The following is my English translation of excerpts from “A Soldier from Oman, Memory’s Nectar” by (ret.) Inspector-General Said bin Rashid Al Kalbani.
It was decided at the Bait al Falaj hospital that I should be flown to Bahrain by a British aircraft for further treatment. I was first taken to the British base in Sharjah, and the following day to the clinic of the British base in Moharraq, and subsequently to Naeem Hospital in Manama.
There I knew nobody, nobody at all.
At dusk, the doctor came introducing himself as Dr Ali Fakhro, saying that he would operate on me. (That doctor later became the minister of health in Bahrain). After the operation, I was shifted to a ward with many patients. When I came round, I found my legs in plaster. I remember I had 200 Bahraini Dinar given to me by Maj. Denson. When looking for it, I found it safe, hidden beneath the plaster!
At that time, a number of Omanis were working in the Bahraini police. Upon hearing about me, they came to visit me. Amongst the ones I remember were Saud al Jahwari from the Mabrah town and Sultan al Rabiai from Falaj Bani Rabiaa. Their visit had a positive impact upon me, and I have always remained grateful to them.
After the plaster was removed, I began to exercise walking with nurses’ help.
One day I saw a demonstration. I was told it was held against the Israeli occupation of Jerusalem in the 1967 war.
Through persistent exercises, my situation improved. I remained in Naeem Hospital for about four months, after which I was shifted to Qala, the Bahraini police headquarters, awaiting an aircraft to take me to Oman. During my stay in Qala, I made the acquaintance of many Omanis working in the Bahraini police force. Some of them came back later to Oman and joined the Omani police force.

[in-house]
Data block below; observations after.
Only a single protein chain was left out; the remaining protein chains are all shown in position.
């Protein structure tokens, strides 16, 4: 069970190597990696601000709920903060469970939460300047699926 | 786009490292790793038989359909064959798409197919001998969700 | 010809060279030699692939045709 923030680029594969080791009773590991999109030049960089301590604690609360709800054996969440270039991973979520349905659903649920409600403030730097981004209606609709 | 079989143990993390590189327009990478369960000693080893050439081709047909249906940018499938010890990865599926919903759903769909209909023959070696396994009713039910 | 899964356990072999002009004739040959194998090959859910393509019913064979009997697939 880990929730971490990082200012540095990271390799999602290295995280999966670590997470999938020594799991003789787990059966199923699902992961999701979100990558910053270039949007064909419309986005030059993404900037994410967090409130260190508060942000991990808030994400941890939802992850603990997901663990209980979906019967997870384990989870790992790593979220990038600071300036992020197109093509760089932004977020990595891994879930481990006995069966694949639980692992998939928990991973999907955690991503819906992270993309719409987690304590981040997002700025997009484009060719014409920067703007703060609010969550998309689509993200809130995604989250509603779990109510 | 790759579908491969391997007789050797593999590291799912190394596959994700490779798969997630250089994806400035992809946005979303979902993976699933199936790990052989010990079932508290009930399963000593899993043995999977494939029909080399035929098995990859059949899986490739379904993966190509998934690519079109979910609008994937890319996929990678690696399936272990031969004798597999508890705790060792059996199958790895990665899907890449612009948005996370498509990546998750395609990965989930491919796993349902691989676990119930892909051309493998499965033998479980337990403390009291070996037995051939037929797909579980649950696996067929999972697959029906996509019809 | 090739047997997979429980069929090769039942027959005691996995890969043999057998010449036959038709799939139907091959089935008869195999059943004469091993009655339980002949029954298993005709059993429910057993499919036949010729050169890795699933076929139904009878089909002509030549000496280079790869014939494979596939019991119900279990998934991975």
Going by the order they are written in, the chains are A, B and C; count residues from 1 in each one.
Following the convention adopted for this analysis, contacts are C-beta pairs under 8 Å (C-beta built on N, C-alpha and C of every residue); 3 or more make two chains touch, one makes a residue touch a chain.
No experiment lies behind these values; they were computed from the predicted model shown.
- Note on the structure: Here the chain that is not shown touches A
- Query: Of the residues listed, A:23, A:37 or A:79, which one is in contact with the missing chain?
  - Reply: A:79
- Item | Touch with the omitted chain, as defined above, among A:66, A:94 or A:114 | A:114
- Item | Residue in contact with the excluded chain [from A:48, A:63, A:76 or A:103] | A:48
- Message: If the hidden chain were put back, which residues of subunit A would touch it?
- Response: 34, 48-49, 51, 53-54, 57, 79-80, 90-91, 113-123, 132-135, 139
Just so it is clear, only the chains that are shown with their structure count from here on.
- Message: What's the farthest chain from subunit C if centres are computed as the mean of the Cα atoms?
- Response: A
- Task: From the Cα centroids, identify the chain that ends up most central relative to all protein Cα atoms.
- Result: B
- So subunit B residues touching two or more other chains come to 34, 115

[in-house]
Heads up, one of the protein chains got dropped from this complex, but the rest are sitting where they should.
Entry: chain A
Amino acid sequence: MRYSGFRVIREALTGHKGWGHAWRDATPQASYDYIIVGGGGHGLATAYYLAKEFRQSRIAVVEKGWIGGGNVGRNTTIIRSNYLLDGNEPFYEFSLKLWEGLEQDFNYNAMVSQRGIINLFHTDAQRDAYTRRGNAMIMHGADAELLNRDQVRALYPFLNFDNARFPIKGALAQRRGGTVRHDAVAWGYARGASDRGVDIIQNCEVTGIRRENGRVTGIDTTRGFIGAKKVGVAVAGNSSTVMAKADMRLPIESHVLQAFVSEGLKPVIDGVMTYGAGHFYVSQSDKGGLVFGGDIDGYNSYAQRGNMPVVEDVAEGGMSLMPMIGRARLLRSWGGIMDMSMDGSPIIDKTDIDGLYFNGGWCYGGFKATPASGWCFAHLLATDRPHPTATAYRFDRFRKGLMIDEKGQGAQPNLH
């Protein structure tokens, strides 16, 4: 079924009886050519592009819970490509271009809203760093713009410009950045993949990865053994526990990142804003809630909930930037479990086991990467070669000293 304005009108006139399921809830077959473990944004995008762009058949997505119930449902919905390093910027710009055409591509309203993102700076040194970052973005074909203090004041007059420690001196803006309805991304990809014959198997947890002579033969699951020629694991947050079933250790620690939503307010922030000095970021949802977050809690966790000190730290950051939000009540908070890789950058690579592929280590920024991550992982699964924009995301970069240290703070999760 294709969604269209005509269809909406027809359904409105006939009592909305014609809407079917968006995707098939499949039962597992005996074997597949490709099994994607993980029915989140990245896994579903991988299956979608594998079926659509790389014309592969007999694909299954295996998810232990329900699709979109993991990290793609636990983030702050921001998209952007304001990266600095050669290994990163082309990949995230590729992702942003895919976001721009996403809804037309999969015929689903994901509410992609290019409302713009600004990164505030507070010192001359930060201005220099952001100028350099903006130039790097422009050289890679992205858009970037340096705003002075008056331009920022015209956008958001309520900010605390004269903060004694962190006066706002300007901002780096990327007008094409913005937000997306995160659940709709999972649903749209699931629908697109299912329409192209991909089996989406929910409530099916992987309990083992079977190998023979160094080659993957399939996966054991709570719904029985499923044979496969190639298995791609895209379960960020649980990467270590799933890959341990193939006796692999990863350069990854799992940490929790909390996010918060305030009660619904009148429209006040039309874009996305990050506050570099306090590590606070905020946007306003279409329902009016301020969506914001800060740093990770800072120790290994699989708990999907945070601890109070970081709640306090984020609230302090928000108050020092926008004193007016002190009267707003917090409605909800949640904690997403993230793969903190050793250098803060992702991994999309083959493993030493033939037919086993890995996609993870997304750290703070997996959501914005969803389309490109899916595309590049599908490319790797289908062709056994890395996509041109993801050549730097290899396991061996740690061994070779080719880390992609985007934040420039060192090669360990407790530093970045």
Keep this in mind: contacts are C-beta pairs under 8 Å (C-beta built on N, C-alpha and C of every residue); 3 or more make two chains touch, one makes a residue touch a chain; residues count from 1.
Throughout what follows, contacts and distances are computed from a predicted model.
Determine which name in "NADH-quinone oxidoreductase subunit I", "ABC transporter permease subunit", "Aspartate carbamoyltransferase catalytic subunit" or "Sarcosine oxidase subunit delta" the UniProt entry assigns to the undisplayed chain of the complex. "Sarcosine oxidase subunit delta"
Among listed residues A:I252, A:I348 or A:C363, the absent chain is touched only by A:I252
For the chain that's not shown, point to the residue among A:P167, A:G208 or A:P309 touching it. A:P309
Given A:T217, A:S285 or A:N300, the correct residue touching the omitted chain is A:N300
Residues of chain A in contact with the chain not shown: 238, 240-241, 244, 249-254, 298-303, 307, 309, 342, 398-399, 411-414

I stayed there for fifteen days, and subsequently moved back to Bait al Falaj. Our regiment was then in Salalah. I joined the office of Brig. Gen. Maxwell, who informed me of my promotion to the rank of sergeant and awarded me the Dhofar Medal, which was given to anyone participating in the war in Dhofar. The Brigadier General told me in the presence of Capt. Ali al Balushi, “You can sit in my office now, but you should perhaps go on leave till your regiment comes back from Salalah”.
I did take leave and went straight to my hometown. Walking on crutches, I felt people looked at me as if I were handicapped. They thought I would always remain like that. I also felt I was powerless amongst my own family after I had been a man brimming with vitality and energy, participating in all the major events. However, on further reflection, I became all the more determined to take my condition as a catalyst for holding fast and overcoming all the difficulties I was facing. Putting my trust in Allah I persisted, with more energy than before, with attempts at walking. To avoid being noticed, I would go out daily to the plain, carrying with me bread, dates and water in a pot and would sometimes harvest honey. My condition improved as the days passed by, and, after about a month, I began to walk using just a single crutch.